One-Forty’s Migrant Business School allows migrant workers to develop and grow even while working in a foreign land. Many of the programme’s former trainees have taken the first step towards realising their dreams upon returning to their hometowns; some have opened grocery stores, while others have opened stationery shops. One-Forty is also actively working to connect trainees with Taiwanese businesspeople in Indonesia, to match them with potential employment opportunities, so that they have more choices in life after returning home.

Problems
One out of ten people in the world do not have enough food to eat every day, and many of them are small-scale food producers. It may sound ironic that the people who produce food turn out to be the ones who do not have enough to eat. But this is due to structural factors such as climate change and extreme weather, unfair trade practices, the lack of support for farmers, and the lack of basic resources. Modern food production and dietary habits create a lot of greenhouse gases; they also lead to issues such as monoculture, land degradation, and exploitation of smallholder farmers. The situation is closely linked to food producers, retailers, the food and beverages industry, as well as to consumers. However, many people do not necessarily care about these problems and the impact they have.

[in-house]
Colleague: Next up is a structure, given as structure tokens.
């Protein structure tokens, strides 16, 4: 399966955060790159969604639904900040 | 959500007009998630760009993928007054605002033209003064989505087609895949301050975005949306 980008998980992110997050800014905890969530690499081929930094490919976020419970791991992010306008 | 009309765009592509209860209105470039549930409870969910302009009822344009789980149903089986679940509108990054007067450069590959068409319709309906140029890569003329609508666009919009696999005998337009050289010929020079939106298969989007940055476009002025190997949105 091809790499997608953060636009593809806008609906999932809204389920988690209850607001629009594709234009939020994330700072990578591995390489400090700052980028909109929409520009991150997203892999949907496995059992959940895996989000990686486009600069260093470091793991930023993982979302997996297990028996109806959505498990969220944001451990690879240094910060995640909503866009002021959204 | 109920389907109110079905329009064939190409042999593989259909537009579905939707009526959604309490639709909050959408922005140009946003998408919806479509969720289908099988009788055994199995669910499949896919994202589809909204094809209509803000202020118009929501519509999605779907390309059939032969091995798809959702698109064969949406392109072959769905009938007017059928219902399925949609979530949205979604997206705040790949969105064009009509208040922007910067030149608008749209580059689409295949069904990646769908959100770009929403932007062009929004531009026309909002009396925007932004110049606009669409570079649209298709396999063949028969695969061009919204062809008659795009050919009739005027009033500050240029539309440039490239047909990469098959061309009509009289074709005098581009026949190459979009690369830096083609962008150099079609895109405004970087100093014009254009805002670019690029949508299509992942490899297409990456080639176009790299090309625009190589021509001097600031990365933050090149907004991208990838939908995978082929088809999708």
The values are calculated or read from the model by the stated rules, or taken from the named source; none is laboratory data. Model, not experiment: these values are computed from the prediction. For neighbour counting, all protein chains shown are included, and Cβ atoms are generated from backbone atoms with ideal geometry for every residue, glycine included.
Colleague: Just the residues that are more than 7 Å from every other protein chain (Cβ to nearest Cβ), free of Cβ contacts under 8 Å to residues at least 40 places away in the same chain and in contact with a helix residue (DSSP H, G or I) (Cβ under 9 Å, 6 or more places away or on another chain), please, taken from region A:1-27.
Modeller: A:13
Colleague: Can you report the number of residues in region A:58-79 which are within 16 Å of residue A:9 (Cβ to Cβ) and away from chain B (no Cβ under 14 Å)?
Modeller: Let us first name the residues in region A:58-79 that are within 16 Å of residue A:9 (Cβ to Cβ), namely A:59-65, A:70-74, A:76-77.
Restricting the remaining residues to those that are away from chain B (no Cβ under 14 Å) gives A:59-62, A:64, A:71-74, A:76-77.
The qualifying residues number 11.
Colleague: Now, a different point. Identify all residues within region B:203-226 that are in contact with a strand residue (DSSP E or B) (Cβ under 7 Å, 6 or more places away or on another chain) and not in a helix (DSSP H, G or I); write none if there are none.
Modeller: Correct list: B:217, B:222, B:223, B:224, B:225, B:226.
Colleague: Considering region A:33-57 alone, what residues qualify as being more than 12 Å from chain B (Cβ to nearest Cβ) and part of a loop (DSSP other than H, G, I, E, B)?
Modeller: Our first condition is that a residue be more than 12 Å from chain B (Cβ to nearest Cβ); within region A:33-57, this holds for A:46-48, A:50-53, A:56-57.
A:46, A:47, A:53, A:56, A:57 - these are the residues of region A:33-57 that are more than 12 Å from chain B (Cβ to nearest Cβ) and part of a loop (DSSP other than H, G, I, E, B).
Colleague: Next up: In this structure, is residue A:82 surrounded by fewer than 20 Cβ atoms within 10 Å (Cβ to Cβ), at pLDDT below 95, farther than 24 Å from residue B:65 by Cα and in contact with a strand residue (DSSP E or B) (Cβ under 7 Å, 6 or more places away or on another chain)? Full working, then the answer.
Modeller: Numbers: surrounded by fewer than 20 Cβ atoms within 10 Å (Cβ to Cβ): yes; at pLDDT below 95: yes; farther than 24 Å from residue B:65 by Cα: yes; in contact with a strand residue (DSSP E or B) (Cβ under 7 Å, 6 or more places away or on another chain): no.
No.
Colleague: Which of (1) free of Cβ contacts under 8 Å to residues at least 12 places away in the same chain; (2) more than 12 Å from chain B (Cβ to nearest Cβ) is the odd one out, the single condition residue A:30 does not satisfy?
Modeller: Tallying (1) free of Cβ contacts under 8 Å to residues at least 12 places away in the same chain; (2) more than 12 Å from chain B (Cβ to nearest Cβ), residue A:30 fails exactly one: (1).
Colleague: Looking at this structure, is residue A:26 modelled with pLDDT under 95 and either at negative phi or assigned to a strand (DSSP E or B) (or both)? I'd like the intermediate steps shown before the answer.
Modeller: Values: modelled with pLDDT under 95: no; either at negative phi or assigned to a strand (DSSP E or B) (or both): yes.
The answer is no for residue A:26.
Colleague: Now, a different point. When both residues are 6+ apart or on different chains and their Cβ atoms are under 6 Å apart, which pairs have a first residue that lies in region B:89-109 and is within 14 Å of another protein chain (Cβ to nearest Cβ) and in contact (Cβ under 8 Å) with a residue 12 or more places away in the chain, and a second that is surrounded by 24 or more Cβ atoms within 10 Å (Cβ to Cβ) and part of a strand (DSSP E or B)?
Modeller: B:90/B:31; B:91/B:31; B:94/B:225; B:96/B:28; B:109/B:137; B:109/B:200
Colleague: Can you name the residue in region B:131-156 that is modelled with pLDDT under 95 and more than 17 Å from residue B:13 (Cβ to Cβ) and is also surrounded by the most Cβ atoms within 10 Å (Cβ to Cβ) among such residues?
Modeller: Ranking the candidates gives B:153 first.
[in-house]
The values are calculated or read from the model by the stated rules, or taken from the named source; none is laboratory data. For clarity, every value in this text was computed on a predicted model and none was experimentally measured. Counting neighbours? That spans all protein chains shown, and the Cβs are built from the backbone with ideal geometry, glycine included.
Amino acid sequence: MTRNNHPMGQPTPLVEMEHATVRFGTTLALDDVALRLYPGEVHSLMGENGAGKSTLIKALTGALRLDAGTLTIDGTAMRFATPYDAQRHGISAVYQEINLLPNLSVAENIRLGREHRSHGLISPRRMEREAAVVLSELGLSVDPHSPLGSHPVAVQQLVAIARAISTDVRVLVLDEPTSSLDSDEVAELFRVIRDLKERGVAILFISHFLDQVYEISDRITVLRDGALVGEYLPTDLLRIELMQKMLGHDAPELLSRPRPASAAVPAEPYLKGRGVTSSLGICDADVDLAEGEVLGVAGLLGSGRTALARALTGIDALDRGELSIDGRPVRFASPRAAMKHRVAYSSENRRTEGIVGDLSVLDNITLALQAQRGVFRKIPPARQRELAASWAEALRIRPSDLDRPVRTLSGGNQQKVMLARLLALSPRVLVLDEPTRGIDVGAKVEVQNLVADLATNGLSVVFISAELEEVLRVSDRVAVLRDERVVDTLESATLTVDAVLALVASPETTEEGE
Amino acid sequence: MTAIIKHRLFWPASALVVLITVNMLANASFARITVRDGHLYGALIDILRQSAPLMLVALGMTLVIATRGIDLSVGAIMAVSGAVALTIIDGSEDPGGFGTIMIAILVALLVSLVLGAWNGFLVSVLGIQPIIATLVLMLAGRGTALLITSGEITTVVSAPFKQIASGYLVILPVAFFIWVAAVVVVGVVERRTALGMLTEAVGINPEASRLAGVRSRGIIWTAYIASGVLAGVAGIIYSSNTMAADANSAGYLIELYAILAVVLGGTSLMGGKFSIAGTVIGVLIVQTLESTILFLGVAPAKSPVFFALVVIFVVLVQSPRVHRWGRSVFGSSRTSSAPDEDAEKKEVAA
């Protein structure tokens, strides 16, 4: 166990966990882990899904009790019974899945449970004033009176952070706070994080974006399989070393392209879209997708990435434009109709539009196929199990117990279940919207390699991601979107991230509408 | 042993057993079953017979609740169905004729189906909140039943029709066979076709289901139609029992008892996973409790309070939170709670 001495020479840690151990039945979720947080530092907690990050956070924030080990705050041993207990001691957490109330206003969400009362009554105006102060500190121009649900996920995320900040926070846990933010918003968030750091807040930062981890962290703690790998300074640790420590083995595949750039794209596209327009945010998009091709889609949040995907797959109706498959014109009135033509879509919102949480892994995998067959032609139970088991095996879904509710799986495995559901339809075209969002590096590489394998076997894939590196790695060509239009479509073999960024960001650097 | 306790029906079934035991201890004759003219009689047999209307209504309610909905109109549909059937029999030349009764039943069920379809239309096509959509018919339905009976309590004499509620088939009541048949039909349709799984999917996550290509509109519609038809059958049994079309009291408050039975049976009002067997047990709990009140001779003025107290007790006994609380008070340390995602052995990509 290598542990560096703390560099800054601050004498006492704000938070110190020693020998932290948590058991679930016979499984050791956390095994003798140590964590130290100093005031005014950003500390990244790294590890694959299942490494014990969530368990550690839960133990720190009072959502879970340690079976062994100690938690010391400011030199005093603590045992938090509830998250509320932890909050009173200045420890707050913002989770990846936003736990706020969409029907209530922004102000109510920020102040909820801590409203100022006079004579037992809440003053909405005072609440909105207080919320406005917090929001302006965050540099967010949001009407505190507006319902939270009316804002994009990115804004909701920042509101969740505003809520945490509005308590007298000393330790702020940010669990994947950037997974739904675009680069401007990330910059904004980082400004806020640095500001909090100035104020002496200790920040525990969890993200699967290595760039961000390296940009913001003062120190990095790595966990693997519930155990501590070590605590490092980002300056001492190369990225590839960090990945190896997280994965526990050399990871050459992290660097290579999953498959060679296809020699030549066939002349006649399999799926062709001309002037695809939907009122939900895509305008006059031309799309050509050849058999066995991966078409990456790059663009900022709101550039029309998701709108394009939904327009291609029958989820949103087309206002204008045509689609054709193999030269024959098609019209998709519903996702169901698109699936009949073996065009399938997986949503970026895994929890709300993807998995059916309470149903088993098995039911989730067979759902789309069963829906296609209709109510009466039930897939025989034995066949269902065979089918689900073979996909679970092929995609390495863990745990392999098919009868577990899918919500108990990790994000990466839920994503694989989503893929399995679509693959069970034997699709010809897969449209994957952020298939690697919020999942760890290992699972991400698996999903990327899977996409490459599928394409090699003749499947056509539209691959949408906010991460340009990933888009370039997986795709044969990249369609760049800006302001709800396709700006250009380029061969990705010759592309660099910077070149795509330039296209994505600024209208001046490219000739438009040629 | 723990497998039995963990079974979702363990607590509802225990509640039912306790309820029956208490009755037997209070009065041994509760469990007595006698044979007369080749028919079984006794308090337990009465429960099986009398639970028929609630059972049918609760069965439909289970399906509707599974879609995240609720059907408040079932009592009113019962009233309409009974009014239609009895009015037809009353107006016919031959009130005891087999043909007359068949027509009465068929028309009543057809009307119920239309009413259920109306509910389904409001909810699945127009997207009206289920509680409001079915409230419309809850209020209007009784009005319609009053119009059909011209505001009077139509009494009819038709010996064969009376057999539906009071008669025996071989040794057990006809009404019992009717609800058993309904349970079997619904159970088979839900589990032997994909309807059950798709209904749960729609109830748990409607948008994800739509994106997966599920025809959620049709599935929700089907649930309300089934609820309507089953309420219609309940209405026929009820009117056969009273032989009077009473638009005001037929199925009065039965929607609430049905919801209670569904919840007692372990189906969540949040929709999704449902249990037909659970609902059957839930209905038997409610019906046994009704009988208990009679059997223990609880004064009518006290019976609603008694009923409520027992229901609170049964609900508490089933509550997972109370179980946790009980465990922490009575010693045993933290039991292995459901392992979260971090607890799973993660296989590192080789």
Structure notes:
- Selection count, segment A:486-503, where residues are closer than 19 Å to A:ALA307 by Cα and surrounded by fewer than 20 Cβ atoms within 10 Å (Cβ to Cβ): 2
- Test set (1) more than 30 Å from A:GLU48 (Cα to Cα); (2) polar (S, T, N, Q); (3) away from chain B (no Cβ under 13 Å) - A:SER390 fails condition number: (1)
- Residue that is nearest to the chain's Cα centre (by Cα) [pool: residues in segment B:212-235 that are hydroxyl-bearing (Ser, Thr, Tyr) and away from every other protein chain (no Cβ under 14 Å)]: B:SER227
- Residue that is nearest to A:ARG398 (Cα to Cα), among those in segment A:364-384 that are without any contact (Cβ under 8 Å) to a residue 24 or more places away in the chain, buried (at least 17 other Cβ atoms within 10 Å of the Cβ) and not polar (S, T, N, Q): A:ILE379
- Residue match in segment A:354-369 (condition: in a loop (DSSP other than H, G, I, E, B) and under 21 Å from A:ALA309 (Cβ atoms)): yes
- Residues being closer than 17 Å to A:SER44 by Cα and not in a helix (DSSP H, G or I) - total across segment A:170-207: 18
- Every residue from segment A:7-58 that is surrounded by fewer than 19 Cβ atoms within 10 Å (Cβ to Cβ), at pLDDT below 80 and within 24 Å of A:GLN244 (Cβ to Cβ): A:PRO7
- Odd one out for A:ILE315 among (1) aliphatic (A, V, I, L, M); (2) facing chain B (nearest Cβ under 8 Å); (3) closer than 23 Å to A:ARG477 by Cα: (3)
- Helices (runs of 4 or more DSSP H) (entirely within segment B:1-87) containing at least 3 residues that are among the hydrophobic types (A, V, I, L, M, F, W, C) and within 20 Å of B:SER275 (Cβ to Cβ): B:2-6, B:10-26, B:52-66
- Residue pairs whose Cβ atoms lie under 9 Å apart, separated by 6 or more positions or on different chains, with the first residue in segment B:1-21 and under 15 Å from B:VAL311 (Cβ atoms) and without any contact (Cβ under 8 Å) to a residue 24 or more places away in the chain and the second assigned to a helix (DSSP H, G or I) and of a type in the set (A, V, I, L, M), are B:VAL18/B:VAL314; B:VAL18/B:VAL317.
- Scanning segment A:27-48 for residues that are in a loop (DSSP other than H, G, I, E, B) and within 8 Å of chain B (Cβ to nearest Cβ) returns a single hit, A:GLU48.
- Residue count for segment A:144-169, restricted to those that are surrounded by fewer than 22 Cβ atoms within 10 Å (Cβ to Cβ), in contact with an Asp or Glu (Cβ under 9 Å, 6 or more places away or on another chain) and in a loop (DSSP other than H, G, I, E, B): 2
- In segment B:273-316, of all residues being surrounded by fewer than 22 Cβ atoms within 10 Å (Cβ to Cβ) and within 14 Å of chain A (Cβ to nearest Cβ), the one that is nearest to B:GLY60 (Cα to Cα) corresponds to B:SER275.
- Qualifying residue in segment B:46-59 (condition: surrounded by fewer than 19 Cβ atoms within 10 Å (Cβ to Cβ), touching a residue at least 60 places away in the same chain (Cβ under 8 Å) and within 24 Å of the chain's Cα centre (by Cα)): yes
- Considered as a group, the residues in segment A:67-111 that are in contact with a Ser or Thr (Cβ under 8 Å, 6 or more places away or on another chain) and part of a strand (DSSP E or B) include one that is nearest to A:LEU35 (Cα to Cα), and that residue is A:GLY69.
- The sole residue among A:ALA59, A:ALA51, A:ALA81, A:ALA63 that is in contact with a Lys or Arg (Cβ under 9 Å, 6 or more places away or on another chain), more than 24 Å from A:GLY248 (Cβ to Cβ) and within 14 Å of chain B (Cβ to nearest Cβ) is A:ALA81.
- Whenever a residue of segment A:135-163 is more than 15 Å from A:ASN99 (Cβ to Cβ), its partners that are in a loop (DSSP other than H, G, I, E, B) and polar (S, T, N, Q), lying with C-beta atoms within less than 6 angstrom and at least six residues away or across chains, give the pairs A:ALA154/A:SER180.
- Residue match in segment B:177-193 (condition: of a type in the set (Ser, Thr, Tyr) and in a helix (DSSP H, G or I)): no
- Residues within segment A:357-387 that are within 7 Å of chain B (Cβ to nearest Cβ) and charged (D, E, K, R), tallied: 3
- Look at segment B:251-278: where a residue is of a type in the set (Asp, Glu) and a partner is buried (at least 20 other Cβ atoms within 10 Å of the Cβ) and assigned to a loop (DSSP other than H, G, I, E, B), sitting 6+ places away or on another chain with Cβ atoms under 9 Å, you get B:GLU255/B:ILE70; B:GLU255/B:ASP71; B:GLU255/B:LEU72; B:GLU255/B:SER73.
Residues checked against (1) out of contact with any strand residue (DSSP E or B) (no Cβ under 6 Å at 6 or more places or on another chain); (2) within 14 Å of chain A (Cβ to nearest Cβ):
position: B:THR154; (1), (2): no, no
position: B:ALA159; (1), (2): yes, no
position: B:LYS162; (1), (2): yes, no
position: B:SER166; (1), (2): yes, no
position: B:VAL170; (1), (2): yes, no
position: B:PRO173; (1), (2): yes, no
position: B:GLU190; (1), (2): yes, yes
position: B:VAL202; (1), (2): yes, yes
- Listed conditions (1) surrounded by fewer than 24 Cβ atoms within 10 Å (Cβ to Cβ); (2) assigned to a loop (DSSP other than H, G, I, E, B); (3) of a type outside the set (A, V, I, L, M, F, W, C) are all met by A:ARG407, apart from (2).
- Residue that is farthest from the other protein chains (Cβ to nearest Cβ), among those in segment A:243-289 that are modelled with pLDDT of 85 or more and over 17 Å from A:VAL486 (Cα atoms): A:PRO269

Solutions
Eat Fair
Green Future is Oxfam Hong Kong’s partner in Macau. They advocate for food and climate justice and have launched Eat Fair. The project invites restaurants and eateries that provide takeaways to flaunt their culinary skills and creativity by creating an ‘Eat Fair Menu’. Restaurants and eateries are to prepare food on this menu with Fair Trade and vegetarian ingredients, and reduce the use of disposable plastic cutlery, to promote a low-carbon and pro-poor diet. Green Future and Oxfam Hong Kong are also collaborating to conduct workshops on cooking with leftover ingredients, DIY handicrafts and such, to share the concept of food and climate justice with schools, families and communities.

Changes
Eat Fair has been well received by over 80 restaurants and their customers in Macau, while their workshops have received rave reviews from many families and schools. The project has raised citizens’ awareness about the difficulties impoverished farmers face and has helped them understand the impact they have on the global food system. It is also inspiring them to change their daily habits and support a fair-trade and low-carbon diet, help farmers in low-income regions to improve their livelihoods, and work together in the fight against climate change.

FAQ